6. Ban S (2012 Dec 3) The christchurch cardboard cathedral and other projects. In: Resilience: Japan and New Zealand moving forward. The University of Auckland, Auckland; New Zealand Asia Institute, New ZealandGoogle Scholar
  7. Bell B, Wakeford K (eds) (2008) Expanding architecture: design as activism. Metropolis Books, New YorkGoogle Scholar
  8. Belloni R (2007) The trouble with humanitarianism. Rev Int Stud 33:451–474CrossRefGoogle Scholar
  9. Boano C, Lamarca MG, Hunter W, Leclair-Paquet B, Wade A (2010) Are architects the last people needed in reconstruction? Accessed 21 June 2011
  10. Brand S (1994) How buildings learn: what happens after they’re built. Viking, New YorkGoogle Scholar
  11. Cartlidge E (2012) Earthquake experts convicted of manslaughter. In: Advancing Science Serving Society. Science Insider (Online ed.). Washington D.CGoogle Scholar
  12. Cervellati PL (1984) Preservation with participation. In: Hatch CR (ed) The scope of social architecture. Van Nostrand Reinhold, New York, pp 238–253Google Scholar
  13. Charlesworth ER (2006) Architects without frontiers: war, reconstruction and design responsibility. Architectural Press, OxfordGoogle Scholar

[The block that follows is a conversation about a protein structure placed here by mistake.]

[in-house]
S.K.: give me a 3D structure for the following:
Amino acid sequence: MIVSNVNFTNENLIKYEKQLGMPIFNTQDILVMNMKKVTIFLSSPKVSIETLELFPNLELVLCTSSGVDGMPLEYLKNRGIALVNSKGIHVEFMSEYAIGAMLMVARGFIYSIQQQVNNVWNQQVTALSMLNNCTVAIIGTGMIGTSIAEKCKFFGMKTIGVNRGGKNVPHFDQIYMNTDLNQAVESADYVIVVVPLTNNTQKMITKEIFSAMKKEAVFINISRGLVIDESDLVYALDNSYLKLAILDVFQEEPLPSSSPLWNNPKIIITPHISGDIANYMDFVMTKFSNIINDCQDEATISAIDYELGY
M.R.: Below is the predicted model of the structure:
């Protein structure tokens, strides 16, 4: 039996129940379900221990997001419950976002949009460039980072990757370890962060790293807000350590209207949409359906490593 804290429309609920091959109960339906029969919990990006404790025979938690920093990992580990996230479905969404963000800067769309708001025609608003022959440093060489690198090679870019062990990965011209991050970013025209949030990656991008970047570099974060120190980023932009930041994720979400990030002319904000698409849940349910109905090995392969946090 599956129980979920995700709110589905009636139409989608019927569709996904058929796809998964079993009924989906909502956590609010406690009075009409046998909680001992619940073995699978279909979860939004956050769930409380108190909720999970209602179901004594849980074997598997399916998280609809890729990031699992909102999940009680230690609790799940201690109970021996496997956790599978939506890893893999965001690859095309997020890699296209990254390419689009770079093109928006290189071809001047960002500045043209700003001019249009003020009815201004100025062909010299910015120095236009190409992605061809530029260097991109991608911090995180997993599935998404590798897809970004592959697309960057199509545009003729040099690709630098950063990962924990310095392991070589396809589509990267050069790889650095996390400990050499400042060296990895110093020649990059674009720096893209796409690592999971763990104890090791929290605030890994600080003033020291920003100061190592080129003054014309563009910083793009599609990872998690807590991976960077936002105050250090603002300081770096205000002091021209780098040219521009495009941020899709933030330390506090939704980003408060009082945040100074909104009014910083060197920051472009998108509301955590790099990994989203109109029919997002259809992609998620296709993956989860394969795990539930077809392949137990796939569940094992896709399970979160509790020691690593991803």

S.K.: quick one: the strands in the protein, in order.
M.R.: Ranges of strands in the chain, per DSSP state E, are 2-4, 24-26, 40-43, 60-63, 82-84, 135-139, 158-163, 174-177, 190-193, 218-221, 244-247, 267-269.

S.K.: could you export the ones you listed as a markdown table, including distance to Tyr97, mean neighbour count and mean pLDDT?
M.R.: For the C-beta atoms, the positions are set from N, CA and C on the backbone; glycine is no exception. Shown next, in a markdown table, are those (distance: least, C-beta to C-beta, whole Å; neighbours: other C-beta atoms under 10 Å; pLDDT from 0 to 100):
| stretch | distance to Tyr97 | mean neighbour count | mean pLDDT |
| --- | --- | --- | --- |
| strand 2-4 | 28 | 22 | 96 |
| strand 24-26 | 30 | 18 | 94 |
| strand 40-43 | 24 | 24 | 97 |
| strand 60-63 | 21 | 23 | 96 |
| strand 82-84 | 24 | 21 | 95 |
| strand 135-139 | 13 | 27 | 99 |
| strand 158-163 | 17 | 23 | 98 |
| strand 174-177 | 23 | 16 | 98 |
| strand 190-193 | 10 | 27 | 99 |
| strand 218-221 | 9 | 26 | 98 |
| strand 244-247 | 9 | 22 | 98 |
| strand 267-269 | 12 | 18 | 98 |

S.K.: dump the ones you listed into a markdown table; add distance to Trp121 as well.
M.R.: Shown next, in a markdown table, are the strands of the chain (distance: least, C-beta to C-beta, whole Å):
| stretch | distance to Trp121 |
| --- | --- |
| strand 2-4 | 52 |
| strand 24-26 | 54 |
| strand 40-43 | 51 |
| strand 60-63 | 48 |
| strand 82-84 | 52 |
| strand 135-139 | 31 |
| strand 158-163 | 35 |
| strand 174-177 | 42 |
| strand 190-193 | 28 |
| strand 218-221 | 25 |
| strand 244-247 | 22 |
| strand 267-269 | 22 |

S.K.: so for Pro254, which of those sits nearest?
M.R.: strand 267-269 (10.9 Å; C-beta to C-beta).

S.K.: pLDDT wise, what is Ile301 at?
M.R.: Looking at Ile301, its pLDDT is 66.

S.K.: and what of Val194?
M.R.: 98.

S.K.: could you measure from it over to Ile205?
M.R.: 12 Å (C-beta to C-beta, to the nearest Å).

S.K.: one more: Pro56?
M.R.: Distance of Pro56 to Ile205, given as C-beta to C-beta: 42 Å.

14. Connolly AR (2015) U.S. Found Liable for Hurricane Katrina Flooding. United Press International (Online ed.). Washington D.C Google Scholar
  15. Cuff D (2009) Design after disaster. Places: Forum of Des Pub Realm 21(1):4–7Google Scholar
  16. Cutter SL (2005) Are we asking the right question? In: Perry RW, Quarantelli EL (eds) What is a disaster? New answers to old questions. International research committee on disasters, BloomingtonGoogle Scholar
  17. Davidson CH, Johnson C, Lizarralde G, Dikmen N, Sliwinski A (2007) Truths and myths about community participation in post-disaster housing projects. Habitat Int 31(1):100–116. doi: Google Scholar
  18. Drabek TE (1968) Disaster in Aisle 13: a case study of the Coliseum explosion at the Indiana State Fairgrounds, October 31, 1963. The Ohio State University, ColumbusGoogle Scholar
  19. Fordham M (2005) Disaster and development research and practice: a necessary ecleticism? In: Perry RW, Quarantelli EL (eds) What is a disaster? New answers to old questions. International Research Committee on Disasters, Bloomington, pp 335–346Google Scholar